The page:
- noun a crust of dry blood which forms over a wound and protects it
- noun a worker who goes on working when there is a strike
- noun a disease of which the scab is a symptom. It affects the skin of animals.
- noun a fungal disease of fruit and vegetables, including potato scab and apple and pear scab
- A short piece of wood fastened to two formwork members to secure a butt joint.
- A slang term for a nonunion worker.
- noun a hard crust of dried blood, serum or pus that forms over a wound during healing
Origin & History of “scab”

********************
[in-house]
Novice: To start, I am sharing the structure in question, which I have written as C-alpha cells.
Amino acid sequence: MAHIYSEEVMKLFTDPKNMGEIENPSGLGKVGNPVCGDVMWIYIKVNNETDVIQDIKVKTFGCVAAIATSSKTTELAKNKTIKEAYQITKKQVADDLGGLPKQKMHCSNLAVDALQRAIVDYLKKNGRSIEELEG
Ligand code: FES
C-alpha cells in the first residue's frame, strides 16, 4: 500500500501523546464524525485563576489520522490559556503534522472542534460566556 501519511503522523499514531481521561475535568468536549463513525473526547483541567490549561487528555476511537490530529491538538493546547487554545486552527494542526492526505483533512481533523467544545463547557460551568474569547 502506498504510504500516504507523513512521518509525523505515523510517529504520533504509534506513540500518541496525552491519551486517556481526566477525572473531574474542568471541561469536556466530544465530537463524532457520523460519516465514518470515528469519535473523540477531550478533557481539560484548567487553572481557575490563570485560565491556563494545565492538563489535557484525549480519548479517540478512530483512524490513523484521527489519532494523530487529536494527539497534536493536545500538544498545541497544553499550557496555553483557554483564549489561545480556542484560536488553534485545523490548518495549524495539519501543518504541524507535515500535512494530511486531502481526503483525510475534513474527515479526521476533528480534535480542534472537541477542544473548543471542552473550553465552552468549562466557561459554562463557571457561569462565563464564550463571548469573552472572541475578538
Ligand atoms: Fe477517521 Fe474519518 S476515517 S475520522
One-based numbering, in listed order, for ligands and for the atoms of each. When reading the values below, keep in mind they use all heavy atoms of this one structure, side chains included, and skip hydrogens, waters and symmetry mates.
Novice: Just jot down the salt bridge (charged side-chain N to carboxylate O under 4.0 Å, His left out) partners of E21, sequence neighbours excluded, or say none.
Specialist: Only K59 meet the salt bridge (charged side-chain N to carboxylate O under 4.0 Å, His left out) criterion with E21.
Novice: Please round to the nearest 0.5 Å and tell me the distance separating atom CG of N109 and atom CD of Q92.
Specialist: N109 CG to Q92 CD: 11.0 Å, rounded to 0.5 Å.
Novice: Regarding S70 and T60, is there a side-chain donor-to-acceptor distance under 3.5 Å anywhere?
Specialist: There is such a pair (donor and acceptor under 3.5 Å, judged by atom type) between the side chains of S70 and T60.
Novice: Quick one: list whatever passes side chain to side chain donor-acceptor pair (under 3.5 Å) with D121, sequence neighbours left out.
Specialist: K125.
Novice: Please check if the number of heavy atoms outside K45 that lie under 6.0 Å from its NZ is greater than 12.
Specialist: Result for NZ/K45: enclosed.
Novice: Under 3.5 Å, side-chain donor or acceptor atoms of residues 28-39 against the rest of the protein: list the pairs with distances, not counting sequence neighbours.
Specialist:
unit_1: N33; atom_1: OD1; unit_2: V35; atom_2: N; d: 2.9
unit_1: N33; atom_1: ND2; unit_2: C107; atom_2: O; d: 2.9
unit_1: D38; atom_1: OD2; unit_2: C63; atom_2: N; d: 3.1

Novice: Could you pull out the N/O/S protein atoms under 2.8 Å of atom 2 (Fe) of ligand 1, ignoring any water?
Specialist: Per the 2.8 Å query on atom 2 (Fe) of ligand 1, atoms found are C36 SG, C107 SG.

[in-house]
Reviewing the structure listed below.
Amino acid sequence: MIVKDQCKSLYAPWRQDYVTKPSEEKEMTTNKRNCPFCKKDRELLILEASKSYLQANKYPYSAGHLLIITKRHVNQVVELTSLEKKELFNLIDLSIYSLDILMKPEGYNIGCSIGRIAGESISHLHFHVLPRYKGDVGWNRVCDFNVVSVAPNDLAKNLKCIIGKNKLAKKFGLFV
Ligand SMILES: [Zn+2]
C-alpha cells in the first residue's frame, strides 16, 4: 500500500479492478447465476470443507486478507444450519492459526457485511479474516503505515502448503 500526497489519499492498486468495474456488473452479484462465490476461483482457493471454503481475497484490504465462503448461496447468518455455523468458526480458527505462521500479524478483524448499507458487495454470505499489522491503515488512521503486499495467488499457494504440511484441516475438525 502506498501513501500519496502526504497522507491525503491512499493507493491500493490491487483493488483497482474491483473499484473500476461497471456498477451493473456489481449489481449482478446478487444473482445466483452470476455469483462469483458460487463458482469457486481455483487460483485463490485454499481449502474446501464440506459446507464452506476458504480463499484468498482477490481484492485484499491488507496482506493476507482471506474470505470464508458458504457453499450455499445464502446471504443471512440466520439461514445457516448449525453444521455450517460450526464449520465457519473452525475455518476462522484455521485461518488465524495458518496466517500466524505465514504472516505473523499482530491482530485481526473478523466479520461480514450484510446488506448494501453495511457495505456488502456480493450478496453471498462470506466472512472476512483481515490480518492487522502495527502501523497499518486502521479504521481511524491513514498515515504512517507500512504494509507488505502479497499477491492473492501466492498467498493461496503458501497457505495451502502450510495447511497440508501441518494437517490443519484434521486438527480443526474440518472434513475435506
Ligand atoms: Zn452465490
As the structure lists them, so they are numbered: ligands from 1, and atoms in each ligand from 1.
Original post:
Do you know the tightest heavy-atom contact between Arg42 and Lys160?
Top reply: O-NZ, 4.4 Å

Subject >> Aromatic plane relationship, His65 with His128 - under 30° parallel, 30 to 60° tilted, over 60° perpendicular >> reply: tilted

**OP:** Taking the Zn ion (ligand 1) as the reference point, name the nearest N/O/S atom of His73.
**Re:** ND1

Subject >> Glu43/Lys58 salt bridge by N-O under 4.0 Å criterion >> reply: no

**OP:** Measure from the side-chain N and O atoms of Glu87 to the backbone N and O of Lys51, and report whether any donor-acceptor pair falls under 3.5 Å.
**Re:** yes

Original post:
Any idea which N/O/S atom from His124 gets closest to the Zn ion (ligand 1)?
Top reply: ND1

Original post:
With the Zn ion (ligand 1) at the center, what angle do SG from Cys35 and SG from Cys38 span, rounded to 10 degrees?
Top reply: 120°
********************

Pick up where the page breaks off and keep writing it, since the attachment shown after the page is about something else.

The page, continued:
Old English had a word sceabb ‘scab’. this survived into modern English as shab, a dialectal synonym of scab, but it is only represented in the mainstream language by its derivative shabby. It is its Old Norse relative skabbr, borrowed in the 13th century as scab, which has become the general English term for a ‘crust over a wound’. The derogatory sense ‘strike-breaker’ emerged in the 19th century from an earlier, 16th-century ‘despicable person’. The word comes ultimately from the Germanic base *skab- ‘scratch, shave’ (source also of English shave (OE)), which was descended from the same Indo-European base that produced Latin scabiēs ‘itch’ (source of English scabies (14th c.), scabious (14th c.) – a plant so called because it was supposed to cure skin diseases – and scabrous (17th c.)).